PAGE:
The analysis of proteins and peptides by CEC has been studied extensively in recent years [19–23]. In this investigation a number of proteins, particularly metalloproteins, are tested on two types of etched chemically modified capillaries. These solutes were selected since a number of other types of proteins and peptides have been previously studied on these types of columns [4,6,10–18,24]. A standard commercially available etched C18 column is compared to a newly developed C5 column in order to determine if hydrophobic effects are as significant in this OTCEC format as is often encountered in the retention of proteins in HPLC.
The fused silica capillaries used for making the C5 column had a 380 μm o.d. with a 50 μm i.d. inner channel and were obtained from Polymicro Technologies, Phoenix, Az, USA. The laboratory fabricated etched capillary with C5 modification had a total length (L) of 49.5 cm and an effective length (l) of 41.0 cm. The etched chemically modified capillaries were prepared as described previously [4,5]. Briefly the fused silica surface was etched with a 5% ammonium bifluoride/methanol solution for a total of 4 hours at elevated temperature (300–400 °C) in a gas chromatographic oven. A silica hydride layer was then covalently attached by reacting the etched surface with ~ 1 M triethoxysilane solution in dioxane with a hydrochloric acid catalyst (115 μmoles). The C5 (1-pentyne) was attached to the hydride via hydrosilation using hexachloroplatinic acid as a catalyst. 1-Pentyne was added to 2.0 mL of toluene and 100 μL of catalyst and heated to 70° for 1 hour. The solution was then passed through the capillary which was heated at 100°C for 24 hours. Additional solution was passed through the capillary each day for 4 days with the column being kept in the GC oven at 100°C. At the end of the process the capillary was rinsed with toluene and methanol. Capillary dimensions for the etched C18 modified capillary (Microsolv Technology Corp., Eatontown, NJ, USA) were i.d. = 50 μm, L = 58.5.0 cm and l = 50.0 cm.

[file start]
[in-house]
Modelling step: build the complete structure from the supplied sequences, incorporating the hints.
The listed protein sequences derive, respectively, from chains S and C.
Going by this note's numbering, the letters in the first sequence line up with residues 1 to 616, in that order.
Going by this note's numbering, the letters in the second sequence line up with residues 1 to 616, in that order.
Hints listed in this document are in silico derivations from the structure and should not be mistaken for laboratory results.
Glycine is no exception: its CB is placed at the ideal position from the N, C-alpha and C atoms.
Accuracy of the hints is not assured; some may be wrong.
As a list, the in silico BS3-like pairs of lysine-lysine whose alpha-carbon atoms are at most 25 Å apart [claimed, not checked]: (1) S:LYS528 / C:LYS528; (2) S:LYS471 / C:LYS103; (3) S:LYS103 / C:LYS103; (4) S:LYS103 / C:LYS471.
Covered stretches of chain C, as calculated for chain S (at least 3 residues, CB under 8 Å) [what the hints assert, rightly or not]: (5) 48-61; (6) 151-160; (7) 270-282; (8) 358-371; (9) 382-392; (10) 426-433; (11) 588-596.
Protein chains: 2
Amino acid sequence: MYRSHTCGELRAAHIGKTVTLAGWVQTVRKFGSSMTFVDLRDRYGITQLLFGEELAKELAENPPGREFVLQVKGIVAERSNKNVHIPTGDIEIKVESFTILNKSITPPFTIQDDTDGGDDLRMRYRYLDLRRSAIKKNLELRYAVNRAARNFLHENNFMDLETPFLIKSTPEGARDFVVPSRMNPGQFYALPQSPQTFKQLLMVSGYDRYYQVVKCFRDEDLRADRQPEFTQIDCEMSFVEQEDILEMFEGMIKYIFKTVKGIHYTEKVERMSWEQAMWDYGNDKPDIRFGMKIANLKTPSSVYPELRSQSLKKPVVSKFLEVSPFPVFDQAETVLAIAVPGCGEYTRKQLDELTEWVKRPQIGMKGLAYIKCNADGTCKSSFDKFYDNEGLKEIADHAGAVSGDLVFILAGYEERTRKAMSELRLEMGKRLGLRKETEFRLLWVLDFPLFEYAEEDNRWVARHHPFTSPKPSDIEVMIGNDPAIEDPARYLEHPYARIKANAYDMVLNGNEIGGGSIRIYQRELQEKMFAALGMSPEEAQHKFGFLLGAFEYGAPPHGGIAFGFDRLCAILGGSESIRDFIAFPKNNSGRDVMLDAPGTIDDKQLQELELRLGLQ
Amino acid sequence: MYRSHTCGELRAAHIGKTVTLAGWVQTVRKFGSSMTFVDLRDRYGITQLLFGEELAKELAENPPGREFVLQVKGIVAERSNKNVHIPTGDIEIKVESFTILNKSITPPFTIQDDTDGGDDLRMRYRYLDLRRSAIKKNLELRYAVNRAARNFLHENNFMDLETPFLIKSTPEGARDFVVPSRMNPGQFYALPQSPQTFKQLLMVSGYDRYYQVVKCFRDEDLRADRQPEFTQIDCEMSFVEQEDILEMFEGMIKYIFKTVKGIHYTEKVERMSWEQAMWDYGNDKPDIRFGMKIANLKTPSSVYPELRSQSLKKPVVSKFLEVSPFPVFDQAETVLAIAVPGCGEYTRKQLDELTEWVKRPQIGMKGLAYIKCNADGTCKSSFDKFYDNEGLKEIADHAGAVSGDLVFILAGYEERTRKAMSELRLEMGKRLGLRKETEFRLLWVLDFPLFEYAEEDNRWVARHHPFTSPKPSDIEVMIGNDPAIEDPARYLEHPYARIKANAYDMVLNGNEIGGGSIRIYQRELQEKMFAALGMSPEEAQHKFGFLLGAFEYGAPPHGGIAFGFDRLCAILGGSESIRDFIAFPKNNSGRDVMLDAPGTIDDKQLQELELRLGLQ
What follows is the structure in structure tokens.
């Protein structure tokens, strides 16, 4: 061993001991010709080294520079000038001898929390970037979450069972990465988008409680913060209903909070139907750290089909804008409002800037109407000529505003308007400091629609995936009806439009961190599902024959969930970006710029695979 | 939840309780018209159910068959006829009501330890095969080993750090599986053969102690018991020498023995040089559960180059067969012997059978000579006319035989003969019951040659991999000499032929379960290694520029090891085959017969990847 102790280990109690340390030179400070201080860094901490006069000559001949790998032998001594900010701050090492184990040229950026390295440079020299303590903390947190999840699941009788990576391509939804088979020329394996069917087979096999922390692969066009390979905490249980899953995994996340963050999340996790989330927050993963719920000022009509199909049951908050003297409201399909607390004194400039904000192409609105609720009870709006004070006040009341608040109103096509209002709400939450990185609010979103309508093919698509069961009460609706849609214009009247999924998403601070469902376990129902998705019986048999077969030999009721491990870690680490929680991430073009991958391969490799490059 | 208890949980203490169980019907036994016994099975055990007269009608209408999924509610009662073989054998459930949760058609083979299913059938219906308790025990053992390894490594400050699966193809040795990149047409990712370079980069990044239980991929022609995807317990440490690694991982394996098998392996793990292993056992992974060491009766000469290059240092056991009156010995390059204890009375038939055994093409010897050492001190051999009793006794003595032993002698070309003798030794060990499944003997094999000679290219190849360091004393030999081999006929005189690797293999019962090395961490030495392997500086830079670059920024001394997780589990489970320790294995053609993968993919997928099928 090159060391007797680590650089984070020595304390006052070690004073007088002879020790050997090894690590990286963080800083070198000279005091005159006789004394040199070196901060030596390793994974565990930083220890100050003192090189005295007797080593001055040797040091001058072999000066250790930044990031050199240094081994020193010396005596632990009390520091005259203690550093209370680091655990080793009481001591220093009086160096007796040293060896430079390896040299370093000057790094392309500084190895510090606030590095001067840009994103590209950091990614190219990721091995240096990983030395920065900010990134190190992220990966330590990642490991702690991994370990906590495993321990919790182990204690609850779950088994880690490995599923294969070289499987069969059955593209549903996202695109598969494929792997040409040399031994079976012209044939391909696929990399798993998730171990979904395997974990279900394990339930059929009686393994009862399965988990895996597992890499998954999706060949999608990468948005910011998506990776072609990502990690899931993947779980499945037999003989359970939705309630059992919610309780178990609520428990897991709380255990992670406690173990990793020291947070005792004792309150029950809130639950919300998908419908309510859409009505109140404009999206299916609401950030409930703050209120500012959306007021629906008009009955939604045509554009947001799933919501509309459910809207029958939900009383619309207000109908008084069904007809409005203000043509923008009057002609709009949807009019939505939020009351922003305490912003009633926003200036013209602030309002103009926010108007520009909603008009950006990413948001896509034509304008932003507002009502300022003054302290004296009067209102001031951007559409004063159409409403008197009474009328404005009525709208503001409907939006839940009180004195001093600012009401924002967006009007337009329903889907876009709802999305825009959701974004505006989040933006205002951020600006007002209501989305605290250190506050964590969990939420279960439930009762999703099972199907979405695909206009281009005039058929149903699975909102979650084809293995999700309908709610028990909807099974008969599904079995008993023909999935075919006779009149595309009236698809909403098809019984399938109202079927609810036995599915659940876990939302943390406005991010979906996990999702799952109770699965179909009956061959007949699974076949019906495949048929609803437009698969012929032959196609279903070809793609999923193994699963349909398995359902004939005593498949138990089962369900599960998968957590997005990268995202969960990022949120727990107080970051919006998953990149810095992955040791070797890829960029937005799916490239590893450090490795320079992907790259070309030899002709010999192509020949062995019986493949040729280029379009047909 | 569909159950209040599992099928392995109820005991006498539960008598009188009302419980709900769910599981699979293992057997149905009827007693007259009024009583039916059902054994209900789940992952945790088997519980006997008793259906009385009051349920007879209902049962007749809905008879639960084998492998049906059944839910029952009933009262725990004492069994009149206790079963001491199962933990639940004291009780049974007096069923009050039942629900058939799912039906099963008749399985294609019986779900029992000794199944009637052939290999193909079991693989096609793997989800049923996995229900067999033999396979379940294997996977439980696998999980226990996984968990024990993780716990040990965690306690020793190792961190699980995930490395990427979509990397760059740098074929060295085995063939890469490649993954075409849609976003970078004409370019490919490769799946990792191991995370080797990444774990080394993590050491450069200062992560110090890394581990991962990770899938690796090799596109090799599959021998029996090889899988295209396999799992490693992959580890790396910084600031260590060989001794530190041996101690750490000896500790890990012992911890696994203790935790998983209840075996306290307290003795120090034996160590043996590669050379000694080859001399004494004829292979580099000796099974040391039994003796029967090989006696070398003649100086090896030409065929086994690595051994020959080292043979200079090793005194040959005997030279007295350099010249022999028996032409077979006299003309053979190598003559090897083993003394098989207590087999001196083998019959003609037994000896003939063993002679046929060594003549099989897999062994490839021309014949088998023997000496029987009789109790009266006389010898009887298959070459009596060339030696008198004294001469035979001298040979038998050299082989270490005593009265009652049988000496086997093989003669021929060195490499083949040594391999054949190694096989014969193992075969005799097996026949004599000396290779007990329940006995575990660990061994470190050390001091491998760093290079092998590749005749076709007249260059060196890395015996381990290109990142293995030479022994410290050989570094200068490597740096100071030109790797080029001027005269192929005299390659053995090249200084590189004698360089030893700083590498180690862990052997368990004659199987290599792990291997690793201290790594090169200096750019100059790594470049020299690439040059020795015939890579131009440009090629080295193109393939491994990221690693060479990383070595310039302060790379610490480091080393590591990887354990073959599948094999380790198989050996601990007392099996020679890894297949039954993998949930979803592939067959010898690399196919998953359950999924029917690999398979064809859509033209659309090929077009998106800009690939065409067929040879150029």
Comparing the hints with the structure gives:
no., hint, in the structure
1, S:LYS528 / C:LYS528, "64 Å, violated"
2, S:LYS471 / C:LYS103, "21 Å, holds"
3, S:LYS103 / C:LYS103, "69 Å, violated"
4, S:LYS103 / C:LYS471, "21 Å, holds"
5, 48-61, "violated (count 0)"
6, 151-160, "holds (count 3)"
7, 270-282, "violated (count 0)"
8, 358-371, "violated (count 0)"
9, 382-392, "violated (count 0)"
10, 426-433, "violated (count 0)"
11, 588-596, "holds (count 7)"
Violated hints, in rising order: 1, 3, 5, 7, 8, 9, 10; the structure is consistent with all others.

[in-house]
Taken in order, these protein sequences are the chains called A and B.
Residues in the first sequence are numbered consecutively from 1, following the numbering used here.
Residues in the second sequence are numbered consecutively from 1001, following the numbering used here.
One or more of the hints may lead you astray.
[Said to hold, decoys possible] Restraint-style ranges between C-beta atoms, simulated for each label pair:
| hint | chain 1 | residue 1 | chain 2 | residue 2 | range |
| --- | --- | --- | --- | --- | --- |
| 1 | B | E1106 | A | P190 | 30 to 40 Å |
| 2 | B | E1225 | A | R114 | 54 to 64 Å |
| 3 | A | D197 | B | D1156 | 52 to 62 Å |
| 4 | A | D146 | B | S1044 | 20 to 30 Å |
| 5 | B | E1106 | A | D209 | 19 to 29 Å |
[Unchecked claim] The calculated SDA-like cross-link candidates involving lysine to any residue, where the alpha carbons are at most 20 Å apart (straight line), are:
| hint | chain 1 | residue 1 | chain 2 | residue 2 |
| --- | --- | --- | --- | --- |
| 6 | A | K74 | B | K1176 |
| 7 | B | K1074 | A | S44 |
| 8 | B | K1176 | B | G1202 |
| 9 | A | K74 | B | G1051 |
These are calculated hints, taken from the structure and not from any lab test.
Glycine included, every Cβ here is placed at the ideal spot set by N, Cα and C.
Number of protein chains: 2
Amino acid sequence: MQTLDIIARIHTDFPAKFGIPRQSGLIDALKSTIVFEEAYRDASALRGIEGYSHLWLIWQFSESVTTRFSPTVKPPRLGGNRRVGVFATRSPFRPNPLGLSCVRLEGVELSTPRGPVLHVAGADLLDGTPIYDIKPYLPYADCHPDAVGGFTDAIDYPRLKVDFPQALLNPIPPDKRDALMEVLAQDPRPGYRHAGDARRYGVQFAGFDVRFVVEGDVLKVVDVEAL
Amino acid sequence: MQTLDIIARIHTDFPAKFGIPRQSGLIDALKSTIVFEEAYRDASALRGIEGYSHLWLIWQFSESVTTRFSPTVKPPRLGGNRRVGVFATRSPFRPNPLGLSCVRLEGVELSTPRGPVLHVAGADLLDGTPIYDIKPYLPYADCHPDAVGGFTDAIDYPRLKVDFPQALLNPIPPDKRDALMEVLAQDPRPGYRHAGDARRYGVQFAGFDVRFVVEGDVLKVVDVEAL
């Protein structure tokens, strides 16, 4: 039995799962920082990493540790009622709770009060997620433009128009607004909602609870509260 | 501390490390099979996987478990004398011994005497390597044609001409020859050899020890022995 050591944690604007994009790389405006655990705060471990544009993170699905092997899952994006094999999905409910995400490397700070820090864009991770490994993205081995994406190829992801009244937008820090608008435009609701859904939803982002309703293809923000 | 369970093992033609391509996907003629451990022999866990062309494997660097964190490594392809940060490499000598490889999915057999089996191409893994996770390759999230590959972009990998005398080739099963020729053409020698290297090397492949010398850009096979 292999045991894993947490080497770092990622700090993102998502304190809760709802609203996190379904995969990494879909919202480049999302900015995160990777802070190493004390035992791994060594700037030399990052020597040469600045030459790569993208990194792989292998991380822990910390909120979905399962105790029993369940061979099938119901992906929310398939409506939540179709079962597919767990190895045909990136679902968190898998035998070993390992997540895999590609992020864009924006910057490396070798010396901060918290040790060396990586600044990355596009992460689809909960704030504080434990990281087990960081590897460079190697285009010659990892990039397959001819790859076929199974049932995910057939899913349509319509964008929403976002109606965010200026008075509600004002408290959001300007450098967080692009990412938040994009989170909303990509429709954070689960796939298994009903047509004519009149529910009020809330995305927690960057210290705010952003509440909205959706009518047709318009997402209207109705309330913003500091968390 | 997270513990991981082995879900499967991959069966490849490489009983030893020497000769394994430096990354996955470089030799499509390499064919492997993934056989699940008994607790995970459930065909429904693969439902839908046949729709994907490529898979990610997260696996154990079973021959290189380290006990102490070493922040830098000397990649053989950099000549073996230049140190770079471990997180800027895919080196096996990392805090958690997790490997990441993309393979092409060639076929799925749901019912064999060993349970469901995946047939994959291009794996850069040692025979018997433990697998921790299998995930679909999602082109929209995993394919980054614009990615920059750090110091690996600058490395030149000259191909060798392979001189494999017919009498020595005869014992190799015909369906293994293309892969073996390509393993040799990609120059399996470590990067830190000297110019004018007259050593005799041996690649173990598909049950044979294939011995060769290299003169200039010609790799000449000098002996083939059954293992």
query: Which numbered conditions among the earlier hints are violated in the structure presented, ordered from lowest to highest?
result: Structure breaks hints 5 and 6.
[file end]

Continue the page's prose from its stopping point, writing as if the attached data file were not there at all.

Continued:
Deionized water was obtained from a Milli-Q water purification system (Millipore, Bedford, MA, USA). Ammonium bifluoride, the etching agent, was purchased from Sigma-Aldrich (St. Louis, MO/Milwaukee, WI, USA). Triethoxysilane (Gelest, Morrisville, PA, USA), 1-pentyne (GFS Chemicals, Columbus, OH, USA) and hexachloroplatinic acid (Sigma-Aldrich) were used for the modification of the inner walls of the capillary. The buffer materials were as follows: TRIS [tris [hydroxymethyl] amino methane], MES [(2-[N-morpholino] ethane sulfonic acid)], MOPS [(2-[N-morpholino] propane-sulfonic acid), L-histidine, GABA (gamma-amino butyric acid) and citric acid were purchased from Sigma-Aldrich; boric acid (J.T. Baker, Phillipsburg, NJ) and glacial acetic acid (Mallinckrodt, St. Louis, MO) were obtained in analytical reagent grade; and imidazole from Calbiochem (San Diego, CA). The solutes myoglobin, transferrin, human serum albumin, carbonic anhydrase, human IgG were purchased from Sigma-Aldrich and a series of recombinant matrix metalloproteases (MMPs) were obtained from BIOMOL International (Plymouth Meeting, PA, USA).
The HPCE instrument used was an Agilent (Waldbronn, Germany) 3D Capillary electrophoresis instrument having a UV detector. The oven used for etching of capillaries was part of a Hewlett-Packard Model 5890 gas chromatograph. The GC oven was used for the control of the etching temperature and was modified so that multiple capillaries could be accommodated.
Buffers reagents were selected to produce low conductance. The following buffer compositions (diluted 1:10) and pH values were used in this study: pH 2.14, 0.3 mol/L H3PO4 and 0.19 mol/L TRIS; pH 3.00, 0.3mol/L citric acid and 0.25 mol/L β-alanine; pH 4.38, 0.3 mol/L acetic acid and 0.375 mol/L γ-amino butyric acid; pH 6.00, 0.3 mol/L MES and 0.21 mol/L l-histidine [l-α-amino-β-imidazole propionic acid]; pH 7.06, 0.3 mol/L MOPS] and 0.215 mol/L imidazole; pH 8.14, 0.1 mol/L TRIS and 0.15 mol/L boric acid. Injection was done by pressure at 50 mbar. Solute concentrations were approximately 1 mg/mL for all proteins.
OTCEC with etched chemically modified capillaries can be used for molecules ranging in size from small organic compounds up to large biomolecules such as proteins and peptides . However only a limited number of proteins have been studied to date with this format and since CE has been proven to be a valuable technique for their analysis, further investigations to better understand the migration behavior of biomolecules with etched chemically modified columns are needed.